In something of a U-turn, prime minister Theresa May has now said the Conservative government would set an “absolute limit” on the amount people pay for social care.
Over the weekend her original plans for funding social care, unveiled last week as part of the Conservative party general election manifesto, had been dubbed "a dementia tax".
So after three days of mounting political criticism of her social care reforms Mrs May bowed to warnings from Tory candidates that it was hitting the party hard on the doorstep.
The Conservative party general election manifesto had promised people who move into residential care who already have the value of their property taken into account will start to receive state help when the value of their assets falls to £100,000, rather than £23,250.
But for those receiving care in their own home the value of their property will also now be taken into account in the means test – currently only their income and savings are taken into account – although they too will benefit from the asset increase from £23,250 to £100,000.
There was no mention of a cap in the manifesto.
Speaking at the launch of the Tory party manifesto in Wales today (22 May), Mrs May said: "This manifesto says that we will come forward with a consultation paper, a government green paper. And that consultation will include an absolute limit on the amount people have to pay for their care costs.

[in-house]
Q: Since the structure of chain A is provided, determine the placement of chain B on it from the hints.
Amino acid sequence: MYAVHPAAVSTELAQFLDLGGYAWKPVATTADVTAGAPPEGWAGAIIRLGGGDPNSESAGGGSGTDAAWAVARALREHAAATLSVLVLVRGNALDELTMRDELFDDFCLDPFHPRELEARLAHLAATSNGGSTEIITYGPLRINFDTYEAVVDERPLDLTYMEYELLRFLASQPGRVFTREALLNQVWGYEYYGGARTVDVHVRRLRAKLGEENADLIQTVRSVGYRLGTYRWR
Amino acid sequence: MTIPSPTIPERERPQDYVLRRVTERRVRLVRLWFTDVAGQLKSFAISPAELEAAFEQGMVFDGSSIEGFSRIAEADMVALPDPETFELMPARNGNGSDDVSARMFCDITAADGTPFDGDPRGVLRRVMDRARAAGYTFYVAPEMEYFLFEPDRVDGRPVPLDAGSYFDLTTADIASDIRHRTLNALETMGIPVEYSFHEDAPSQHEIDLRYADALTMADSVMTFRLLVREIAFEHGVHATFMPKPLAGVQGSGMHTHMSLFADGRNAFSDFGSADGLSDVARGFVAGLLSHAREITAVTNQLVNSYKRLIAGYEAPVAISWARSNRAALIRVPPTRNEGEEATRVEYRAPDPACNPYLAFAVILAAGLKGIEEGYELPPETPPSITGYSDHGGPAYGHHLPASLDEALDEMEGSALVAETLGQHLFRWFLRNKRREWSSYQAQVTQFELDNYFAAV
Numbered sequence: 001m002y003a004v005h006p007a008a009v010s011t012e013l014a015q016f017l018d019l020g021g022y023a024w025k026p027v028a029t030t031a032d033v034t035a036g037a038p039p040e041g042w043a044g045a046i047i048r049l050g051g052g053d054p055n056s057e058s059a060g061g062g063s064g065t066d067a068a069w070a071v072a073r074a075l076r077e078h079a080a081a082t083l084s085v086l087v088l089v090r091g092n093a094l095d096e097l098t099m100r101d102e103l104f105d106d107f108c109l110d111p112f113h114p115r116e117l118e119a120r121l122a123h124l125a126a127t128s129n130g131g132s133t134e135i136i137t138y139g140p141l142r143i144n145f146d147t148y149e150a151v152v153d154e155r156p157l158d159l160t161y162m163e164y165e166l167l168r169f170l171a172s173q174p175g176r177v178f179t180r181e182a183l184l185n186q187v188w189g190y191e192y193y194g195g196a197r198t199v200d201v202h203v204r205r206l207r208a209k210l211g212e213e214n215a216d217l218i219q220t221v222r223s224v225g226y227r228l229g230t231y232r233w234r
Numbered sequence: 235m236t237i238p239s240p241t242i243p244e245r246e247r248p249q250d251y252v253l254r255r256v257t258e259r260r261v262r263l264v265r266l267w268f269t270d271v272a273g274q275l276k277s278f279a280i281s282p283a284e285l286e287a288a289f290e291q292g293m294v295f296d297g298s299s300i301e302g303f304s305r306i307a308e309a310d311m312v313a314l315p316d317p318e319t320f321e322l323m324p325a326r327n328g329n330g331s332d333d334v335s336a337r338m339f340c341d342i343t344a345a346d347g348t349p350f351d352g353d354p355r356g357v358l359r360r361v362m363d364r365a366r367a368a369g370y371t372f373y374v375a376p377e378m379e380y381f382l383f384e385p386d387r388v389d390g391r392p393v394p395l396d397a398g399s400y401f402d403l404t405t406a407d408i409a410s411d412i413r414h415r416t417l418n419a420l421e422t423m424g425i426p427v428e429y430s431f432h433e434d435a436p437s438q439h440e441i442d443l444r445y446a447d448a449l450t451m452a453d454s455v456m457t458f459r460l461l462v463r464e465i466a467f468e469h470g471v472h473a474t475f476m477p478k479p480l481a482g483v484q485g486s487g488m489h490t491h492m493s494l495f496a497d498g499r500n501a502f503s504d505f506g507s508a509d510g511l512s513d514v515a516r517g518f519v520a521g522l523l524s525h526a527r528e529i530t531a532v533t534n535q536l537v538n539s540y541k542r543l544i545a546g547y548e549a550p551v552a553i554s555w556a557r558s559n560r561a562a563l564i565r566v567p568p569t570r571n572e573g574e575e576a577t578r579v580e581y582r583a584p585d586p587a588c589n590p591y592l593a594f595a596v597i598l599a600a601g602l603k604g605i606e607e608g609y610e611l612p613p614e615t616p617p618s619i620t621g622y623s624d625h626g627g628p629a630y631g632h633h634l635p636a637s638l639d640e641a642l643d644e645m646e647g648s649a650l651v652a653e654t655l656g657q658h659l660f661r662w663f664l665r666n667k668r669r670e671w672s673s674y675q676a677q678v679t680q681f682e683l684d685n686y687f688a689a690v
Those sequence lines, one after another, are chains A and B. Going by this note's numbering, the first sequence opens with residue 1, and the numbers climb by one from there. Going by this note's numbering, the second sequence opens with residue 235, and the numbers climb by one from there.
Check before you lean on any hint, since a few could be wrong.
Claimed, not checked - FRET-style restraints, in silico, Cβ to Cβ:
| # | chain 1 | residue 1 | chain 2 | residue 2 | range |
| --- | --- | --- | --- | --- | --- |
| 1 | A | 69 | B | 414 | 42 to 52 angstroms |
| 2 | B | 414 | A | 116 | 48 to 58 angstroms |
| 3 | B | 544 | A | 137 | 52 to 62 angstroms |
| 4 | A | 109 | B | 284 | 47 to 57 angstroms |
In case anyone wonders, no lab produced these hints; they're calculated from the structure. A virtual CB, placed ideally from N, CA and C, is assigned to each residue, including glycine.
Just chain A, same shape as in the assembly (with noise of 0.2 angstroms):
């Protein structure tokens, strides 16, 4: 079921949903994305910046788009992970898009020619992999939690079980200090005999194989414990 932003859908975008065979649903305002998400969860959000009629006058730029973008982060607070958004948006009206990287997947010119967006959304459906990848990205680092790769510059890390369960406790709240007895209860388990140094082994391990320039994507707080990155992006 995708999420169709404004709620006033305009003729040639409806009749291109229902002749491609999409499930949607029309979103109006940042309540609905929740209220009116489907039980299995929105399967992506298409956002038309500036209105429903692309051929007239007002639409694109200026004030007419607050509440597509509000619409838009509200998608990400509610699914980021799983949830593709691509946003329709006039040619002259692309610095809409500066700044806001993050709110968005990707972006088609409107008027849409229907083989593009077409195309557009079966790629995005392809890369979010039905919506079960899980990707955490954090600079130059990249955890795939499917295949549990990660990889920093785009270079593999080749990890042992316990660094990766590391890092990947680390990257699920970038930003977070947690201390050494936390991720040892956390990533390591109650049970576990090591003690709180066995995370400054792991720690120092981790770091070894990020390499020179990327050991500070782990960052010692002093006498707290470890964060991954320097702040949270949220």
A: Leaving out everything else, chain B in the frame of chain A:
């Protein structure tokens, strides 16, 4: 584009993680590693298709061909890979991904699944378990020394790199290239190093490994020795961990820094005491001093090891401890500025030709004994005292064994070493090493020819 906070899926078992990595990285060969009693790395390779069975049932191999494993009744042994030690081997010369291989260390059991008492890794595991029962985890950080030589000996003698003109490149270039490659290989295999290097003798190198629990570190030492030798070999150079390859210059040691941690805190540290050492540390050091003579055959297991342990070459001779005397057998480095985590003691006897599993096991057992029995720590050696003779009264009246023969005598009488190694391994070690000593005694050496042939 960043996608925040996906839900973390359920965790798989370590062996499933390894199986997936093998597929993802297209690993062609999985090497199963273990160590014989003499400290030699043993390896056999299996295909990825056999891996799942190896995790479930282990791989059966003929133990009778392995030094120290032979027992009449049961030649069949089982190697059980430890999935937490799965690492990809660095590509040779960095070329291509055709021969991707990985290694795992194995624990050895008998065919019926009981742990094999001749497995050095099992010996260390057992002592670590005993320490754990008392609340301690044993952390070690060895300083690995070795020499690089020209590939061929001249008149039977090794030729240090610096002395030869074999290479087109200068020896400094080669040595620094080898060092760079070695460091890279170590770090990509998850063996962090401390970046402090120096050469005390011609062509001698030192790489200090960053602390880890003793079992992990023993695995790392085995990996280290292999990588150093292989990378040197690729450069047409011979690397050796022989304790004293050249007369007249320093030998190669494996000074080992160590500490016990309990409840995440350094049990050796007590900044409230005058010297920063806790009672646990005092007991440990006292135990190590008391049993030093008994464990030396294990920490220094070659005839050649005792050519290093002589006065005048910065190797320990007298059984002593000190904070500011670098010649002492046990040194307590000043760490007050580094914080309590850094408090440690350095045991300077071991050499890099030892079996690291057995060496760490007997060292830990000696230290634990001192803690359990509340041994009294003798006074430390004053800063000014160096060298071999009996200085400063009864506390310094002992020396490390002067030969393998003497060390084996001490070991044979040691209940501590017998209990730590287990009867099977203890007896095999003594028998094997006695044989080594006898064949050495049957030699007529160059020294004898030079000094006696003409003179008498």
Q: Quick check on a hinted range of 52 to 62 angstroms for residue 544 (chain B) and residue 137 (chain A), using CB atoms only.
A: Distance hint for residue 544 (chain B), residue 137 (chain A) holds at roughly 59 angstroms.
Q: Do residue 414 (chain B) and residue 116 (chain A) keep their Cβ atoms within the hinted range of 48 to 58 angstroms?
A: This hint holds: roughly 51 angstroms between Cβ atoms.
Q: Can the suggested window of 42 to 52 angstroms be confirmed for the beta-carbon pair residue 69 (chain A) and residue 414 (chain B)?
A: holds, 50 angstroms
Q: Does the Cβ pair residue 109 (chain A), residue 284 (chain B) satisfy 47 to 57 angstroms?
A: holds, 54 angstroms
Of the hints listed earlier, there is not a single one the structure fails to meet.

"There will be two million more people over 75-years-old in Britain over the next decade alone. Our social care system will collapse unless we make some important decisions now about how we fund it.”
Andrew Dilnot in his Commission on social care recommended that a social care cap be set at £35,000 while the last government planned to introduce a social care cap of £72,000 in 2020 for residential care.
Commenting on the proposed social care change Dean Mirfin, technical director at equity release provider Key Retirement, said: “If the proposed social care changes come to pass this will actually lead to an increase in demand for more advice.
"The irony of the proposed changes is that a vast percentage of those receiving home care, especially full time home care, are typically funding some or all of the cost themselves with the core of funding for care by local authorities being for residential care.
"The devil as always will be in the detail, for example what if the property is jointly owned and the spouse is still residing in it? There are still many unanswered questions.”
Steven Cameron, pensions director at Aegon, said the pressing crisis in social care funding can only be solved through a clear, fair and long lasting agreement on what the state provides and what individuals will be expected to pay.
He said the original Conservative proposals left many facing an unlimited bill, with no state support until assets fell below £100,000, and no means for individuals to plan ahead to cover possible care costs while keeping inheritance aspirations intact.